Adventus

"The central doctrine of Christianity, then, is not that God is a bastard. It is, in the words of the late Dominican theologian Herbert McCabe, that if you don’t love you’re dead, and if you do, they’ll kill you."--Terry Eagleton

"It is impossible for me to say in my book one word about all that music has meant in my life. How then can I hope to be understood?--Ludwig Wittgenstein

“The opposite of poverty is not wealth; the opposite of poverty is justice."--Bryan Stevenson

Wednesday, May 13, 2015

Gianni Vattimo relates a funny story


In one sense, it is exactly because of the loss of a unified religious authority that there is a sort of rebirth of religiosity.  Real religiosity relies on secularization because religion is no longer single or uniform and there is no longer a central religious authority.  On the other hand, secularization and the new religiosity are also related by a sort of therapeutic connection because if I am ready to accept literally the return of religion in Italy, I would say that this religiosity tends again to be a sort of resecularized religiosity--that is, a religiosity that lives only as a consequence of secularization.  For example, John Paul II made great use of the media, his message was communicated via television, and, as his death showed so well, he was a legitimate global media star.  There is a sort of false universalism promoted by the media, which is very contradictory.  People are more interested in the religious show than they are in religious engagement.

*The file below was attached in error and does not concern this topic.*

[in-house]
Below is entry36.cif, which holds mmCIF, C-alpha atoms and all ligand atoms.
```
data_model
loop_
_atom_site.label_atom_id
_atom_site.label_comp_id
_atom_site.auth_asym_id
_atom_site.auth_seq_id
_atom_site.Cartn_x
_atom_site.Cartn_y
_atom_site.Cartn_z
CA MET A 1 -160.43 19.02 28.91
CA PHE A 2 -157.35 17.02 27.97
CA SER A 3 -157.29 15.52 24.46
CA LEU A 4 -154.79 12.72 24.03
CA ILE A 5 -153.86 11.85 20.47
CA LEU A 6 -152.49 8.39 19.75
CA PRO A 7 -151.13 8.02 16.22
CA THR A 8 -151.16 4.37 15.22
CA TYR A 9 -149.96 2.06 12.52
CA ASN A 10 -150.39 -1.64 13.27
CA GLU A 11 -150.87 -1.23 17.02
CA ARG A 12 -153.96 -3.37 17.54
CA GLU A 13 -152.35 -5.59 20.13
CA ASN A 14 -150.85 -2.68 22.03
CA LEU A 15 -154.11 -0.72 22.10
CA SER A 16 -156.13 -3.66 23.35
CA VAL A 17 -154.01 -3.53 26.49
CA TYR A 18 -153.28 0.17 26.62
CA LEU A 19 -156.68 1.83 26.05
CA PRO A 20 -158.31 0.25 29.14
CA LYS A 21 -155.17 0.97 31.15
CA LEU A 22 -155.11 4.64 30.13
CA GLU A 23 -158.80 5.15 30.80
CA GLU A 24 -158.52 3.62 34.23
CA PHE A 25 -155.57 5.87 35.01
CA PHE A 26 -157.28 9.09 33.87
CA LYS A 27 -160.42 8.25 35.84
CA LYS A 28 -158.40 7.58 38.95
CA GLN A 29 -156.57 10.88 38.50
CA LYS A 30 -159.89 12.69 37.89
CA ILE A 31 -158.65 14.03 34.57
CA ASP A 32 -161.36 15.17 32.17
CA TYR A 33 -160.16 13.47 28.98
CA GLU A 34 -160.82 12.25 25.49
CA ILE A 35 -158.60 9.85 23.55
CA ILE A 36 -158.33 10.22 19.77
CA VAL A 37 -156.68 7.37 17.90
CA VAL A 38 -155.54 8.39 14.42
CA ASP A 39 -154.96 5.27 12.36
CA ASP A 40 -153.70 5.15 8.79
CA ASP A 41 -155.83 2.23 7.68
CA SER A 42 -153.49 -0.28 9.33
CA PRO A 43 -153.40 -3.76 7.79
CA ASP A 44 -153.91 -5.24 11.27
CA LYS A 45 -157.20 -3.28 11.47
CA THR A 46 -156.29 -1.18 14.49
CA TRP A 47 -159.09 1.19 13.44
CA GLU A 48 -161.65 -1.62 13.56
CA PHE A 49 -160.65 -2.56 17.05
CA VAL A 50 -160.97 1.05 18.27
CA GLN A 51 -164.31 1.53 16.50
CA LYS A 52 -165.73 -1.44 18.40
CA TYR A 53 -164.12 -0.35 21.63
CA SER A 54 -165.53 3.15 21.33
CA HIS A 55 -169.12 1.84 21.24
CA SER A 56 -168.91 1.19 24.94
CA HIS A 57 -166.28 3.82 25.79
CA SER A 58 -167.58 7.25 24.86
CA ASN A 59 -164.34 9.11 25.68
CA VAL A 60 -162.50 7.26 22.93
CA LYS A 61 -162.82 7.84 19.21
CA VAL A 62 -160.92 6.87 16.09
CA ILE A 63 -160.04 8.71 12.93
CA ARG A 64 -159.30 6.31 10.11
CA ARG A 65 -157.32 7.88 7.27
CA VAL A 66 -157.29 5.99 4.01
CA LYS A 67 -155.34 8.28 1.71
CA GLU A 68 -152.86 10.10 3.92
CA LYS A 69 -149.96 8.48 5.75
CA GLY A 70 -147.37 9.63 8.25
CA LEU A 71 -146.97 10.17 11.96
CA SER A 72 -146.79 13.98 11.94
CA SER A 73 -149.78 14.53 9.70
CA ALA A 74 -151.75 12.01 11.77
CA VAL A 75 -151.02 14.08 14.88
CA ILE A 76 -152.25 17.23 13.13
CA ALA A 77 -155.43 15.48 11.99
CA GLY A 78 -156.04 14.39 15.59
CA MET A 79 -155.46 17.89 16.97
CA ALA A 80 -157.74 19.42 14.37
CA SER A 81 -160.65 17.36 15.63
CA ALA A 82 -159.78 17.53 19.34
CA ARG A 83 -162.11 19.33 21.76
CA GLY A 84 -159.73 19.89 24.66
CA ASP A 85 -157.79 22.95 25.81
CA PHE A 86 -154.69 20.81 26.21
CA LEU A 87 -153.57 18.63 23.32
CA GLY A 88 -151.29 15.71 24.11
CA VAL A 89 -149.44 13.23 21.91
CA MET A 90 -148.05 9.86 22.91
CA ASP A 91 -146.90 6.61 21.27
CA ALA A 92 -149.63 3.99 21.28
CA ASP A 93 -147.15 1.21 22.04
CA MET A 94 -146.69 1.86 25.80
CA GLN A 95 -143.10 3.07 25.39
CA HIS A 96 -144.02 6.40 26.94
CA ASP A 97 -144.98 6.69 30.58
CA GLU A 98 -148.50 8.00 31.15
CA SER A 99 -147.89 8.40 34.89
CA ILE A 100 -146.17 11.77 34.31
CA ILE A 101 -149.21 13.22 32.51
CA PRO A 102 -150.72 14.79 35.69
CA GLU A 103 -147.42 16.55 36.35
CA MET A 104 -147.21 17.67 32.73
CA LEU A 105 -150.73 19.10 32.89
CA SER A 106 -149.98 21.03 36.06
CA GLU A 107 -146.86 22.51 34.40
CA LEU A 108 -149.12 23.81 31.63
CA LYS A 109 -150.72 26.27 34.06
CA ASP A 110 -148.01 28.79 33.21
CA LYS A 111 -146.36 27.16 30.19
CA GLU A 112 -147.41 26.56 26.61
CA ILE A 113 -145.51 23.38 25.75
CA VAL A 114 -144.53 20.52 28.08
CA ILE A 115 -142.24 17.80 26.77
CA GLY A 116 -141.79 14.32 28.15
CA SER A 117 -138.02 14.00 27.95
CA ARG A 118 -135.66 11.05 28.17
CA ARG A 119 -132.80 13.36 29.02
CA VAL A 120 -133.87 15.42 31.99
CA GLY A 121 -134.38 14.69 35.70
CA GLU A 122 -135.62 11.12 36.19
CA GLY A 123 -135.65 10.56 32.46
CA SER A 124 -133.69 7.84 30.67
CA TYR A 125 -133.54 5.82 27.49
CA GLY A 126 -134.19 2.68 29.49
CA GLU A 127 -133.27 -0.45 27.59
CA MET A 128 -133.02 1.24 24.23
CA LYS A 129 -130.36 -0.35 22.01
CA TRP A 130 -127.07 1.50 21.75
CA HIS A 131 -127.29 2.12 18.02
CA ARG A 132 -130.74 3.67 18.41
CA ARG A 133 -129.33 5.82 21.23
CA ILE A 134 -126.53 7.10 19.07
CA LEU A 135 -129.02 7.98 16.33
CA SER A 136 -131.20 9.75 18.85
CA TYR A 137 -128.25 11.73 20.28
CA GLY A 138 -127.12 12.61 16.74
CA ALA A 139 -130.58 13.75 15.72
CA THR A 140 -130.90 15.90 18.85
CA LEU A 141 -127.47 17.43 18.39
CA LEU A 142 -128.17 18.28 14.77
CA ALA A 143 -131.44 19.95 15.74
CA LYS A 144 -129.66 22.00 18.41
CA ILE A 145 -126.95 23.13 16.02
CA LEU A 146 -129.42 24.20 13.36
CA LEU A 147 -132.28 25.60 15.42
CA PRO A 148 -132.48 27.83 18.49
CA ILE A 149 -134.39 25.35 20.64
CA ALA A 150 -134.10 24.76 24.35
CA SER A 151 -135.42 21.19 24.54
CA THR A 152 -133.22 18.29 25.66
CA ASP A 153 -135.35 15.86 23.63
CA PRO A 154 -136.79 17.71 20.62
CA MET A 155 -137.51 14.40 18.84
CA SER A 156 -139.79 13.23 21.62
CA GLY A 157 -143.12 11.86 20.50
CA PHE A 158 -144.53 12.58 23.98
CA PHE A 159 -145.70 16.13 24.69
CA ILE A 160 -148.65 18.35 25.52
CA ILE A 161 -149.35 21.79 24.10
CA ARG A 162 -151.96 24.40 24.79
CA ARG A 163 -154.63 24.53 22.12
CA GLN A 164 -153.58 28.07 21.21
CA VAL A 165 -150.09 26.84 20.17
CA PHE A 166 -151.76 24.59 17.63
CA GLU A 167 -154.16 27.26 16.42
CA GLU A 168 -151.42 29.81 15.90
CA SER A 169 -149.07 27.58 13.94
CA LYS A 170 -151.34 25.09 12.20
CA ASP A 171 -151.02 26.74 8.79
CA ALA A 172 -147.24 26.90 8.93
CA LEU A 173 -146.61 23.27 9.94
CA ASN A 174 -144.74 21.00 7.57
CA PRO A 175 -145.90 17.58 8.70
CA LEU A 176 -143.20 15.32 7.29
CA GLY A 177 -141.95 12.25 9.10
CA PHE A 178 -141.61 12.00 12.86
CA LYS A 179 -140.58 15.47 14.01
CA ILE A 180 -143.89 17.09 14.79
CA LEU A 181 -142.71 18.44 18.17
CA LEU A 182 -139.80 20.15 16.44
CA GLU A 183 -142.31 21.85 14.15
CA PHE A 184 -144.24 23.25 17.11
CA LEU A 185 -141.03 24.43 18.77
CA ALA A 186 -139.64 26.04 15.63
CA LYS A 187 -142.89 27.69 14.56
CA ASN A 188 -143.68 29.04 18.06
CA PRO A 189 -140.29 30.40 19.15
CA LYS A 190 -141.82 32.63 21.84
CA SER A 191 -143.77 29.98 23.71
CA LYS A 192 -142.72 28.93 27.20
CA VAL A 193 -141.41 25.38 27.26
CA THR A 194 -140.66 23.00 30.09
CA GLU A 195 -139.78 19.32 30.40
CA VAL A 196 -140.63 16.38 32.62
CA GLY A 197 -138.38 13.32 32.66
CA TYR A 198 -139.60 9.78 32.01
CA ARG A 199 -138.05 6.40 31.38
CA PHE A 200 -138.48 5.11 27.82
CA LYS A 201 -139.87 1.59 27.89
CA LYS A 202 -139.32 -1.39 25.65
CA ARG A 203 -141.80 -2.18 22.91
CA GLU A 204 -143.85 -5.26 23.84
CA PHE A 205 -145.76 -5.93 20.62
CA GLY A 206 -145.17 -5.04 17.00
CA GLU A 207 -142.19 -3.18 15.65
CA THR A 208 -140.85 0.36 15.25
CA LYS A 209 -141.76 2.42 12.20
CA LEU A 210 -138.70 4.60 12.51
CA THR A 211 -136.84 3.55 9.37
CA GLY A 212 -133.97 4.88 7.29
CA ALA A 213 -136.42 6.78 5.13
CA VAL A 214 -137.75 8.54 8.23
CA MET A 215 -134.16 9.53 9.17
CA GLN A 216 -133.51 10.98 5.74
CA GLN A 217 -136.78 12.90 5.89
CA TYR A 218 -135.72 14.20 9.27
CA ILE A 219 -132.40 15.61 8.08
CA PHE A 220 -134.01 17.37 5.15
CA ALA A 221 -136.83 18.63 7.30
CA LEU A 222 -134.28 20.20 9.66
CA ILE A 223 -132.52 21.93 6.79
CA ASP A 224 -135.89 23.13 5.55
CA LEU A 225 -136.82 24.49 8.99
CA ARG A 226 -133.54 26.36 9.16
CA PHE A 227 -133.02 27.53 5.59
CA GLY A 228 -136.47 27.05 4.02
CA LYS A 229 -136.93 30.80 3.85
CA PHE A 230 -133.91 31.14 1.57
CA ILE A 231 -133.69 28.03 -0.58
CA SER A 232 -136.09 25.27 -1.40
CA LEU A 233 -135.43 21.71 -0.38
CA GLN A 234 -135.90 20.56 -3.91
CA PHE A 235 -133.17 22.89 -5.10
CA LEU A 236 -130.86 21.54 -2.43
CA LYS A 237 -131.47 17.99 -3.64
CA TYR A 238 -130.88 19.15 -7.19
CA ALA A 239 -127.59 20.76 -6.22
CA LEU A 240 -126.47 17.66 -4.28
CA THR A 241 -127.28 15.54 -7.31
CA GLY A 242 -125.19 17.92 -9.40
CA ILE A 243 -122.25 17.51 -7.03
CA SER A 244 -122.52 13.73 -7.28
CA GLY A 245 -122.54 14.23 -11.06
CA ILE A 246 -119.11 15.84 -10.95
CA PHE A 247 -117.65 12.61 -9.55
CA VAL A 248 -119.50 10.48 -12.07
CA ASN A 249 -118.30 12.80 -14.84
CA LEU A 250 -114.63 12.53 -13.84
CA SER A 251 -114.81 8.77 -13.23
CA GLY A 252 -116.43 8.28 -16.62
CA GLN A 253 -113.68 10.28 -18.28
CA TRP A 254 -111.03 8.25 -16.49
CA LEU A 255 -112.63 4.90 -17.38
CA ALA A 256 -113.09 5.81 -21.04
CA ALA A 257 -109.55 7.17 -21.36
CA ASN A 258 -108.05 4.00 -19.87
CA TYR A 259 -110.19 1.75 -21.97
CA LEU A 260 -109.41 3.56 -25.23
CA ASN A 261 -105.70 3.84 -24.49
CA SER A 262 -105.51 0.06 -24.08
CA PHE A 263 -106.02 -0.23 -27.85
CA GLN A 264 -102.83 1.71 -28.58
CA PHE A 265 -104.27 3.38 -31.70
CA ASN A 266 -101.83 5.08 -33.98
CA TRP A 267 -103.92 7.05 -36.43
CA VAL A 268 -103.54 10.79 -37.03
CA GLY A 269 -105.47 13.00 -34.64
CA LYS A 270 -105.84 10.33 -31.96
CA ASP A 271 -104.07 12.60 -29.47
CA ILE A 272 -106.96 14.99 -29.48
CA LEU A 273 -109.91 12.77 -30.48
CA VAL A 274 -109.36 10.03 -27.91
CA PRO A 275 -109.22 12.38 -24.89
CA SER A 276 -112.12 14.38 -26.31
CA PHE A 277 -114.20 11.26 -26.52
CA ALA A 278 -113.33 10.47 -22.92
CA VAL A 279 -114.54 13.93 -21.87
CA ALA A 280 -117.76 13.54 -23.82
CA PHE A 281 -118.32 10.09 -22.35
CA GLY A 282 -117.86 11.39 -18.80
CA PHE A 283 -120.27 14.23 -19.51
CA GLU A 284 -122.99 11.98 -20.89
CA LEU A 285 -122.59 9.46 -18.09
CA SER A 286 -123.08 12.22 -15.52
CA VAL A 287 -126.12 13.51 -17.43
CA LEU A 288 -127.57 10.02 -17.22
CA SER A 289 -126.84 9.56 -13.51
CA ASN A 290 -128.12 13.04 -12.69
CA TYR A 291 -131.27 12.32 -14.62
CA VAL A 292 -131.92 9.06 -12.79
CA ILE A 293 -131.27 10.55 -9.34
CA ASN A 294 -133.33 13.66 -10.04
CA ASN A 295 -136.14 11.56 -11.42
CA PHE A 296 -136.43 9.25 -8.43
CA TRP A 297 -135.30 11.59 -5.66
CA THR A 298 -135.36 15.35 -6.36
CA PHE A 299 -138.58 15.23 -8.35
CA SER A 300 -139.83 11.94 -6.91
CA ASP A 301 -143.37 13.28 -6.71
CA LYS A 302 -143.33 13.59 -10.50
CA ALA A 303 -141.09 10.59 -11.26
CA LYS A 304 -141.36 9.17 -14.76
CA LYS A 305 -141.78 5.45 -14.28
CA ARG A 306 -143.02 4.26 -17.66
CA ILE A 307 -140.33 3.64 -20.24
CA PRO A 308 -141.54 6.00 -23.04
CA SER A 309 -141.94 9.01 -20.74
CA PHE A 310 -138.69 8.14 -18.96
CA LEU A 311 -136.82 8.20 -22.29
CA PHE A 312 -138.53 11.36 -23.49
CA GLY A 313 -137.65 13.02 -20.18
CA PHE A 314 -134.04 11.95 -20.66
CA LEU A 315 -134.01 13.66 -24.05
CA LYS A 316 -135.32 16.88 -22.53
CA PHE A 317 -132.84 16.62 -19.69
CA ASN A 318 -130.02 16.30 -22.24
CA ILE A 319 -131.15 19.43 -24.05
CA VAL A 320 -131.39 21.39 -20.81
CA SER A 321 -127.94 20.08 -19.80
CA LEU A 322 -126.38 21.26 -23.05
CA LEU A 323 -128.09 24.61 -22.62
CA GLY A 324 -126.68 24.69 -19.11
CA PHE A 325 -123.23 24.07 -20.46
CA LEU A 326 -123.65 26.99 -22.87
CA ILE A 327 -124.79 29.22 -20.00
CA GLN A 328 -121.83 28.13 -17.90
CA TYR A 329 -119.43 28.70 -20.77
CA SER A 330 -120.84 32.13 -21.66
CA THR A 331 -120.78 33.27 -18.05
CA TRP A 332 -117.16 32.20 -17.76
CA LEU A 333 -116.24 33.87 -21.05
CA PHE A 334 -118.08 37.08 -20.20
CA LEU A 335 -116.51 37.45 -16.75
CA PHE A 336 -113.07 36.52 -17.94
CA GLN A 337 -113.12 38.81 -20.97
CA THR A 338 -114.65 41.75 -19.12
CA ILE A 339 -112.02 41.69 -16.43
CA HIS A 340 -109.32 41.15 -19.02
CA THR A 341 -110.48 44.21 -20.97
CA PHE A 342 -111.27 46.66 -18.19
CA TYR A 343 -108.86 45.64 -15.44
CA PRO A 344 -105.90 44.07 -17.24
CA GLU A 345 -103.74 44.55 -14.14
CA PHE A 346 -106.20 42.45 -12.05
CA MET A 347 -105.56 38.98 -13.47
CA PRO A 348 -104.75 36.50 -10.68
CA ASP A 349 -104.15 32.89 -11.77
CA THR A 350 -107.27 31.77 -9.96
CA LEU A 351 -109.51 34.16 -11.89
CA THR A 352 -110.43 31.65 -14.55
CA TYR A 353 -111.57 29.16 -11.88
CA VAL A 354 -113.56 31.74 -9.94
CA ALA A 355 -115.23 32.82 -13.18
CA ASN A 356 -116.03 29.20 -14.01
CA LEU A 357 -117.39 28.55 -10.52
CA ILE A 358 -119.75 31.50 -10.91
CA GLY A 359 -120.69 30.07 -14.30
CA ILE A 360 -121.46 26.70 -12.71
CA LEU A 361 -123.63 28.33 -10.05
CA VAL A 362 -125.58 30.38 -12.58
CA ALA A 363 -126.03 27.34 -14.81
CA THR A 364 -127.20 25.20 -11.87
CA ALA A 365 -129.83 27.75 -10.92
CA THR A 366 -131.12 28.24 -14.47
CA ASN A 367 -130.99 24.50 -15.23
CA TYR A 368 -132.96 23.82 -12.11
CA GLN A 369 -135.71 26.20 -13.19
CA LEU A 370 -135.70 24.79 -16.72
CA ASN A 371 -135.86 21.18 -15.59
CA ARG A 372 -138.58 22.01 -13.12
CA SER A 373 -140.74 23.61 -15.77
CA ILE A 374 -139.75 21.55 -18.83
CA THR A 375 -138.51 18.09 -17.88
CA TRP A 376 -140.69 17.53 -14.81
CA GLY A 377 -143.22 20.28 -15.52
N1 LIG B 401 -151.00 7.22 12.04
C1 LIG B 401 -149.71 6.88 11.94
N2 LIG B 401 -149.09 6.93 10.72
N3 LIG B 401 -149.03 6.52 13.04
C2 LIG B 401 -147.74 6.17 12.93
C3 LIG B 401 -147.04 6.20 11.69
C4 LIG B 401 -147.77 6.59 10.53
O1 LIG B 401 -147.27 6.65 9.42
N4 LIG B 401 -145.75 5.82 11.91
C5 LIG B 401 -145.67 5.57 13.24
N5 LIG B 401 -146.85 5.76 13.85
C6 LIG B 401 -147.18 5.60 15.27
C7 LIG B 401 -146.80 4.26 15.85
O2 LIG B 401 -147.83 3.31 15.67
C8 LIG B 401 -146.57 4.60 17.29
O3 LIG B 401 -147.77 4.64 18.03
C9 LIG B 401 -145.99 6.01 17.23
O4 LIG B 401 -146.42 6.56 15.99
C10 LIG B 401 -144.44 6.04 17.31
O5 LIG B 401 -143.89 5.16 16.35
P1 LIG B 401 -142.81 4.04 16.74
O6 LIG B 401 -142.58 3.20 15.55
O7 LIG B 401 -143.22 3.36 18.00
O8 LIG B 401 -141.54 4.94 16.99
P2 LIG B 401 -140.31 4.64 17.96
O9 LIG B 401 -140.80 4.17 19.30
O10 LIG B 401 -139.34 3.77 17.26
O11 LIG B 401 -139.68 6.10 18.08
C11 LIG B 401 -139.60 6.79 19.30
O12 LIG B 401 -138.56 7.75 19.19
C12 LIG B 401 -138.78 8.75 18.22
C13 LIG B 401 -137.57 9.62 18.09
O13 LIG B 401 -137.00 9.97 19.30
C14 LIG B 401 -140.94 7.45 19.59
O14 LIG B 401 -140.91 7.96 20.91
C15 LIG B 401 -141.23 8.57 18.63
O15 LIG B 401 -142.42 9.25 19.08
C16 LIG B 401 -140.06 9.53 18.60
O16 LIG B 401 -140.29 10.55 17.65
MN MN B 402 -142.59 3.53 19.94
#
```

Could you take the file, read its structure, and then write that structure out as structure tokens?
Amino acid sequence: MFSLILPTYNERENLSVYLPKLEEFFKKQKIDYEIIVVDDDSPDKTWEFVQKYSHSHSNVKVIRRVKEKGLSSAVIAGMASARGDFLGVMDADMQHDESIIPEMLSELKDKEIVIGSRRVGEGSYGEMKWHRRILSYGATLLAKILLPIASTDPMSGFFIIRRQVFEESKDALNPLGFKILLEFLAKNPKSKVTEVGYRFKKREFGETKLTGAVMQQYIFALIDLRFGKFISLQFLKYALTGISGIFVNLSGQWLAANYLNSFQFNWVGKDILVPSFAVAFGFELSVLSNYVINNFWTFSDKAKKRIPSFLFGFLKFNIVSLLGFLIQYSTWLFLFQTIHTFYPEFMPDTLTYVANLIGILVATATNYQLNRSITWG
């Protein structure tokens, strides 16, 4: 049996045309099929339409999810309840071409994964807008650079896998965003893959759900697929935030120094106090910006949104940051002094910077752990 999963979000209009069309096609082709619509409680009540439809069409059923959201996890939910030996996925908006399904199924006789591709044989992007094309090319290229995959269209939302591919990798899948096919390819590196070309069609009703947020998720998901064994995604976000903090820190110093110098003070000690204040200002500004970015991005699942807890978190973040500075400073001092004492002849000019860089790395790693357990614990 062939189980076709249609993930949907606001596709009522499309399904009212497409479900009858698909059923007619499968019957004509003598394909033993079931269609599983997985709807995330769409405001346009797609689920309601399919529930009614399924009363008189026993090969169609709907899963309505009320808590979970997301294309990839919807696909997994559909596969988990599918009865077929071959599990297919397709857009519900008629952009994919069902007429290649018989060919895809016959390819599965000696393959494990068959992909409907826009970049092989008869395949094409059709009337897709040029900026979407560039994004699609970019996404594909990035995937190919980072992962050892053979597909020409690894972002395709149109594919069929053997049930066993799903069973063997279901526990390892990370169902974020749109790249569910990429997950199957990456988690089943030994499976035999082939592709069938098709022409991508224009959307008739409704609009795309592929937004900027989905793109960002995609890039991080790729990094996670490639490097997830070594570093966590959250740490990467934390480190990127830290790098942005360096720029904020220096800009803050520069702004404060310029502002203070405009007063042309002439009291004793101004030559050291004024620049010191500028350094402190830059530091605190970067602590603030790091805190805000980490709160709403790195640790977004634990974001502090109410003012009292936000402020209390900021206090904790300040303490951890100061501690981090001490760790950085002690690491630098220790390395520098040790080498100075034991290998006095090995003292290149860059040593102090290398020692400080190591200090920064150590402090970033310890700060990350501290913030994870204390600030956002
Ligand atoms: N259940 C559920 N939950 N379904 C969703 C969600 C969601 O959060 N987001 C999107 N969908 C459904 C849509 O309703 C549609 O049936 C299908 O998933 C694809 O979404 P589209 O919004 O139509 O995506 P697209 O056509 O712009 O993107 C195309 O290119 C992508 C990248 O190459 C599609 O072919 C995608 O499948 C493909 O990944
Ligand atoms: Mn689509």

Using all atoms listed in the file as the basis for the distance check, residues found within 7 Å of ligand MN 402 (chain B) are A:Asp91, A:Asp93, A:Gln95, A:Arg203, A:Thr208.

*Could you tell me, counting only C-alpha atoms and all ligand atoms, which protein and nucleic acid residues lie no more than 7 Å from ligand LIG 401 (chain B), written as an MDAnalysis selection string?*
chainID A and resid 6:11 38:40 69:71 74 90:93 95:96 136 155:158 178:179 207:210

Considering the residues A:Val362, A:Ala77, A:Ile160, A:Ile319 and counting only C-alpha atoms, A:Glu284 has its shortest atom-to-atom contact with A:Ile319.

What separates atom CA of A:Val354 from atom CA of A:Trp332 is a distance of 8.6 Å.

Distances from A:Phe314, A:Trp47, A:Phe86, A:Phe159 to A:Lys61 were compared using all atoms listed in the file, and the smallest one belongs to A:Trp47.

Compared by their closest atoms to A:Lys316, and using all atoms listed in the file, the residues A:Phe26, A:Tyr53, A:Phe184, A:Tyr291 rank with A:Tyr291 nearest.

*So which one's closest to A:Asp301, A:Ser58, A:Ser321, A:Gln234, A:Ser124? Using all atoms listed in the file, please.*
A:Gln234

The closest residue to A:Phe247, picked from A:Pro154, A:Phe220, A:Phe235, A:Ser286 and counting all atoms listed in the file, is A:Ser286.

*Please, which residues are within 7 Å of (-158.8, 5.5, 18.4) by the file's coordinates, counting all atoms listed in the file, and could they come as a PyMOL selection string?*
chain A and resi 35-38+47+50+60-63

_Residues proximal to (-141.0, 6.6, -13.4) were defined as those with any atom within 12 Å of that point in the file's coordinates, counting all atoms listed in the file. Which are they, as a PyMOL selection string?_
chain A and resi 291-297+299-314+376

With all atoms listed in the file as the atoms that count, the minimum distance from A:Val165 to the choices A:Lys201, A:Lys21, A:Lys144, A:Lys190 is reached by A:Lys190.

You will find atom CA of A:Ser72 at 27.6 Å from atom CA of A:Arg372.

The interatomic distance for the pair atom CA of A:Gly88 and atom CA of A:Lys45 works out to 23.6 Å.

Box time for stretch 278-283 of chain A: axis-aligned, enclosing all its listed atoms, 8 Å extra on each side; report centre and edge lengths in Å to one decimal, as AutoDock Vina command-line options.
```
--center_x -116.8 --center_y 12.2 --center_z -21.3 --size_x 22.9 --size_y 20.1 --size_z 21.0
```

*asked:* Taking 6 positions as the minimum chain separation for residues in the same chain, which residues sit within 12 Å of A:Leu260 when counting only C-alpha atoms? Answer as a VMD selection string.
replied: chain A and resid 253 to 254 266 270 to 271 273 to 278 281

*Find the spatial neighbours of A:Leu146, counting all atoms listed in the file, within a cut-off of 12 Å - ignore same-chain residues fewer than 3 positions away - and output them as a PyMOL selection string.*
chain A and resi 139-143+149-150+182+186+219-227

One of my favorite examples of this comes from the Roman Catholic Church's celebration of the Year of the Jubilee in 2000.  Many young people came to Rome to see and hear from the pope.  This was perceived by many as an example of the rise of religiosity among today's youth.  But, after they had left and when it came time to clean up the area where the youth had spent the night, they found three hundred thousand condoms.
After the Death of God, pp. 95-96.

Elsewhere in this dialogue Vattimo notes the Church of Rome would prefer a return to the Middle Ages when it was the absolute power in Europe.  But anyone who has read Chaucer knows that, if medieval Europe could have gathered 300,000 youth and provided them with condoms, there would have been just as many condoms left behind in any mass pilgrimage to Canterbury or to Rome.  And my church history professor told of people racing from church to church in medieval Europe to catch the epiclesis, the moment the priest raises the elements of the Mass and blesses them, and they become the body and blood of Christ, revealing the true presence of God.  It was commonly thought that to look upon this glory of God would leave one struck dead, but as churches ran without a central time system, and so had services at different times on a Sunday morning, there were people who raced from church to church to catch just this moment, hoping to see God.

I'm not sure how much religiosity either Chaucer's pilgrims and their stories, or that bit of historical lore, reveals.

Same as it ever was, in other words.  We return, as ever, to gone away.

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